Are you starting to get it yet? Whatever industry you're in, you've got clients who are trying to sell products and services to their own set of customers... I gaurantee you they've got marketing problems they need help solving. You're going to help solve them. And since solving those marketing problems is worth a lot to your clients, you're entitled to a piece of the upside.

Remember this and never forget it: If you can show ANYONE upside, you can entitle yourself to a piece of it. 

Burn it into your head and next time you're prospecting for new business remember that a client is co-creator in a jointly designed outcome. It is this mindset what sets commodities apart from professionals who can command any price for their work. It's also what separates amateurs from seasoned veterans who've been around the block a couple of times. What's their secret? I'm going to give you the shortcut to that level of confidence in, yes, three easy steps.

Step 1. Discover Their Profit Motive

First of all, your clients' profit motive is probably a whole lot higherand more acutely feltthan yours is. We in the creative fields, like graphic design, tend to care about a "job well done", pat on the back and other such warm fuzzies, not pure profits. Your clients do not care about warm fuzzies. They have product to move and bills to pay.

Instead, we need to be showing our clients how:

  • Their lackluster brand identity is standing between them and $100,000 in additional sales next year.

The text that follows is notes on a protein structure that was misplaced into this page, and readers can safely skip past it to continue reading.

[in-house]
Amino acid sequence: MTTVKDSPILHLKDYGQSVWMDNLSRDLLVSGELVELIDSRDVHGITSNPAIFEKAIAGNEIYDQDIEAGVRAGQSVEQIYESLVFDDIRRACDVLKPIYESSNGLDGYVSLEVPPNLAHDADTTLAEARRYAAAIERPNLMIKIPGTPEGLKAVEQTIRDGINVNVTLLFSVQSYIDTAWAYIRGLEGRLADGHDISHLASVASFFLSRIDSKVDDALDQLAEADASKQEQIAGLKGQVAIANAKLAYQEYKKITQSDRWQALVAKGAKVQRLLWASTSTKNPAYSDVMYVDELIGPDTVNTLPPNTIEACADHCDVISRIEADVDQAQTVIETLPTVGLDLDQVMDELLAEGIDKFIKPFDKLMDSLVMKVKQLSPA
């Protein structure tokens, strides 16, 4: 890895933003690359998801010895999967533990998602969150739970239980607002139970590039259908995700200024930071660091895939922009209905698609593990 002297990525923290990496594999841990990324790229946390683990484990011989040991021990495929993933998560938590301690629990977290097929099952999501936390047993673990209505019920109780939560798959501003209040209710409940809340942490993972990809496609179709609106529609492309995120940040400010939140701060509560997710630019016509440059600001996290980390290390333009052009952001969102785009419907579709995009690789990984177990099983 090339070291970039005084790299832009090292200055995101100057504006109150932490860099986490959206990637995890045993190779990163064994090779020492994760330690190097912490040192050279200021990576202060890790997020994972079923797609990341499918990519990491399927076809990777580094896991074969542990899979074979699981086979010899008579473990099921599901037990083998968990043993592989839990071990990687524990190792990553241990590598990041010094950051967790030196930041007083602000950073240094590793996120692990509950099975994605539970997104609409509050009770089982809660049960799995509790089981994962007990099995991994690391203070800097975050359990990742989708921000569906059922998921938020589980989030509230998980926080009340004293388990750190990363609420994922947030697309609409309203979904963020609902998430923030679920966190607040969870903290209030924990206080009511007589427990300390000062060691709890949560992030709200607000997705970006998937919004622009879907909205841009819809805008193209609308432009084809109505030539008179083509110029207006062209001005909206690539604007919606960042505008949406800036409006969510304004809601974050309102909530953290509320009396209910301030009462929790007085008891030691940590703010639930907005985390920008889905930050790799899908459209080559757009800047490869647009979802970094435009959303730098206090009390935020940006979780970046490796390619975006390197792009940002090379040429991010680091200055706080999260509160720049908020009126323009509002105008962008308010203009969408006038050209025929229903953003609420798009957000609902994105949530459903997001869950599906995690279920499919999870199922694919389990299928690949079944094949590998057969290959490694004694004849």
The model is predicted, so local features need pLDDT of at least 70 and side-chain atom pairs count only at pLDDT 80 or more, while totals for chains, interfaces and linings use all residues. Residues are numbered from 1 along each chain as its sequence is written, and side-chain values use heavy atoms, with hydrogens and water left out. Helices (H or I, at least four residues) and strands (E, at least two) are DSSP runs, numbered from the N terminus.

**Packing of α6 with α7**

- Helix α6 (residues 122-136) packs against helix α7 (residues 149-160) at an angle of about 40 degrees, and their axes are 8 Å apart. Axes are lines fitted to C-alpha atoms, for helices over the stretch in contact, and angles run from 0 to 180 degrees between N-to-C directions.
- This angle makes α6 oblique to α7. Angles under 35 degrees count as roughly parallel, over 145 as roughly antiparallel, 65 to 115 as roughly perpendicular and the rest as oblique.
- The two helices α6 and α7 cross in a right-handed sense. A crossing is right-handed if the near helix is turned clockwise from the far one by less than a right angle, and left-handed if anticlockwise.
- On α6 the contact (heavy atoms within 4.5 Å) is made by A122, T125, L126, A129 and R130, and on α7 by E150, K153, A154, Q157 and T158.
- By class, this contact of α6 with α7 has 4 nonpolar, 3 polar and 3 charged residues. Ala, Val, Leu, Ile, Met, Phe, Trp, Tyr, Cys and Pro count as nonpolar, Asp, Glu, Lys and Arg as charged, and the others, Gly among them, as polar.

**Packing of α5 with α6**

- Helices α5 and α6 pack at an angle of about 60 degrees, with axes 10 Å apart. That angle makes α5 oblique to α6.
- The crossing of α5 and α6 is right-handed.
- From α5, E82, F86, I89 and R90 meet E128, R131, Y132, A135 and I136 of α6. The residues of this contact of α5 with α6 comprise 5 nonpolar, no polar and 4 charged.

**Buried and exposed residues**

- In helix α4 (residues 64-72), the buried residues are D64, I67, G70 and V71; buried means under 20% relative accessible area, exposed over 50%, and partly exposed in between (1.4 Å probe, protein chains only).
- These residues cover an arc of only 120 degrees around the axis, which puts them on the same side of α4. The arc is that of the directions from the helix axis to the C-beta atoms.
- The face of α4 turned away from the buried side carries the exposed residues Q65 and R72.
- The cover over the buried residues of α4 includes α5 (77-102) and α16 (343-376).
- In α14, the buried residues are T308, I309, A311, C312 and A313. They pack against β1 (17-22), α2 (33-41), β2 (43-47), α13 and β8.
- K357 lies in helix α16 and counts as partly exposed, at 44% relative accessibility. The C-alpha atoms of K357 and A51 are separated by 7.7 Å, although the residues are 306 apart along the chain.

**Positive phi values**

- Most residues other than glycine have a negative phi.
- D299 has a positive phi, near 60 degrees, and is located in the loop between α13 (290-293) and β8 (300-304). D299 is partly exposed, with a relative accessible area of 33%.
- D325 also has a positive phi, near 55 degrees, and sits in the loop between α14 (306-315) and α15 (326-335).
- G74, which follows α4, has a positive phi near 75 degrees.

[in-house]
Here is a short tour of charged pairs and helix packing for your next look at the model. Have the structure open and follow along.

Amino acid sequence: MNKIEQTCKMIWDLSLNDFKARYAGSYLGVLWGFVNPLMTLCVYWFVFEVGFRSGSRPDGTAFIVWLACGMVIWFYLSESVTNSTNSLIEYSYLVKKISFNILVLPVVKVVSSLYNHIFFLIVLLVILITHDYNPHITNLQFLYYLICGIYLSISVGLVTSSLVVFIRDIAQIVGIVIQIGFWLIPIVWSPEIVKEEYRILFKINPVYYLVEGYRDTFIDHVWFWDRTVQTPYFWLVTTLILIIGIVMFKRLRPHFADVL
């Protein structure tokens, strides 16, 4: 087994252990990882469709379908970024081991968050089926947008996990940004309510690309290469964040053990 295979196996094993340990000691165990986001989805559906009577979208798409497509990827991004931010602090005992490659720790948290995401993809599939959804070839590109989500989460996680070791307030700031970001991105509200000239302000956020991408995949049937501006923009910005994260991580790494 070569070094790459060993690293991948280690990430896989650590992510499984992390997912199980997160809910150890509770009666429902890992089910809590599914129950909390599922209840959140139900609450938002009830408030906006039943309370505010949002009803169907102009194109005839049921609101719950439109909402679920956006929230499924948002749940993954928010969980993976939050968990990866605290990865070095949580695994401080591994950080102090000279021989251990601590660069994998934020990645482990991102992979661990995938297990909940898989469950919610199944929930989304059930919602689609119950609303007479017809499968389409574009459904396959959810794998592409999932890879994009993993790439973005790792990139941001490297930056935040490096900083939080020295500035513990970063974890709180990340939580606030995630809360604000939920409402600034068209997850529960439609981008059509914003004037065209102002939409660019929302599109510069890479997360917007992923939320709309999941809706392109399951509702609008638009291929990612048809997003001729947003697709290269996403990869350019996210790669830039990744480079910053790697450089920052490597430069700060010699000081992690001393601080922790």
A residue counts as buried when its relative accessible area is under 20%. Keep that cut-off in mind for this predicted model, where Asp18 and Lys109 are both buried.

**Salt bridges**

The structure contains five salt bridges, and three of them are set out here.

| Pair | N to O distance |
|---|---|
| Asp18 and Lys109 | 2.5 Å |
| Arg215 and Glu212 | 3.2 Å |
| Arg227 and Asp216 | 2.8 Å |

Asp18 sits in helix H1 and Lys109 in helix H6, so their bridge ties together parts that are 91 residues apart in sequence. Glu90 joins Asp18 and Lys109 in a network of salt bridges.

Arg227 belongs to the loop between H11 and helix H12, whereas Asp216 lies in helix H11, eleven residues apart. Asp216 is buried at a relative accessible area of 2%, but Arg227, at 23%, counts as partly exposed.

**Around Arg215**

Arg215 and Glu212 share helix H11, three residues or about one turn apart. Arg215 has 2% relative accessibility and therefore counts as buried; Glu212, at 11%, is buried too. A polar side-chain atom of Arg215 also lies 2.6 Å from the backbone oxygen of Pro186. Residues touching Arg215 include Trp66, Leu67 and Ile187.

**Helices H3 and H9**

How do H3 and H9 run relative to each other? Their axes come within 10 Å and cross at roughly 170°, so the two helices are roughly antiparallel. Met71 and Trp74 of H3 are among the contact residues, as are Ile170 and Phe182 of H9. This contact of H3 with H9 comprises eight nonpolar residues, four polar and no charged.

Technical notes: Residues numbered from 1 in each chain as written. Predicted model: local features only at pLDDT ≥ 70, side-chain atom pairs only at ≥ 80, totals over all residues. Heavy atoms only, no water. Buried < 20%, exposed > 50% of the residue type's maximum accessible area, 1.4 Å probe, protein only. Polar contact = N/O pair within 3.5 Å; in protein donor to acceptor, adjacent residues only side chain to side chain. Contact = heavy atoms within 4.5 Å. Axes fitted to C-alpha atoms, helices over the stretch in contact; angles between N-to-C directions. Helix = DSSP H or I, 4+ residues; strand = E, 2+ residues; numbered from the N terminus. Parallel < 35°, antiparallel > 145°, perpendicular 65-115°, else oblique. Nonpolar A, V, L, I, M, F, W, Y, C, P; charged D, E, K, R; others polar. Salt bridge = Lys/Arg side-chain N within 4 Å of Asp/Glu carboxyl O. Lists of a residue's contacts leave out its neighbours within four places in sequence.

• Their outdated web site is probably turning OFF more customers than it's turning ON
  • People would use their site more often and spend money more frequently with them if it was easier to use.
  • Designing their album cover will give their music more shelf appeal and, therefor, sell more records over time.
  • Staging their home will help them optimize profits by selling the home faster, and at a higher price then they would have otherwise.
  • A sizzling new corporate brochure will improve lead-to-conversion ratios by three times or more.

You should be getting the picture by now. By the way, their "profit motive" is not always best expressed in terms of "money". It can be expressed in any way that's perceived to have value, like taking more vacations, proving themselves to their disapproving father or contributing to charity. But no matter how their profit motive is expressed, always denominate it into clear, dollars and sense terms. Leave it to humans to create money so we can take a measuring tape to warm fuzzies.

To figure out their profit motive all you need is a basic understanding of how businesses in their industry make money. However, to really cinch the deal, I mean crisply and overwhelmingly telegraph the true value of your services, so that you become the obvious choice, asking your clients the right questions will open up a wellspring of appeals you never even thought to look for...

These are abstract and emotional appeals. Appeals like appearing successful, impressing friends, outsmarting competitors, being knowledgable and being hip with the latest trends. Ok, now that you've identified your clients profit motive...

Step 2. Get Them To Assign A Specific Dollar Amount To Whatever Motivates Them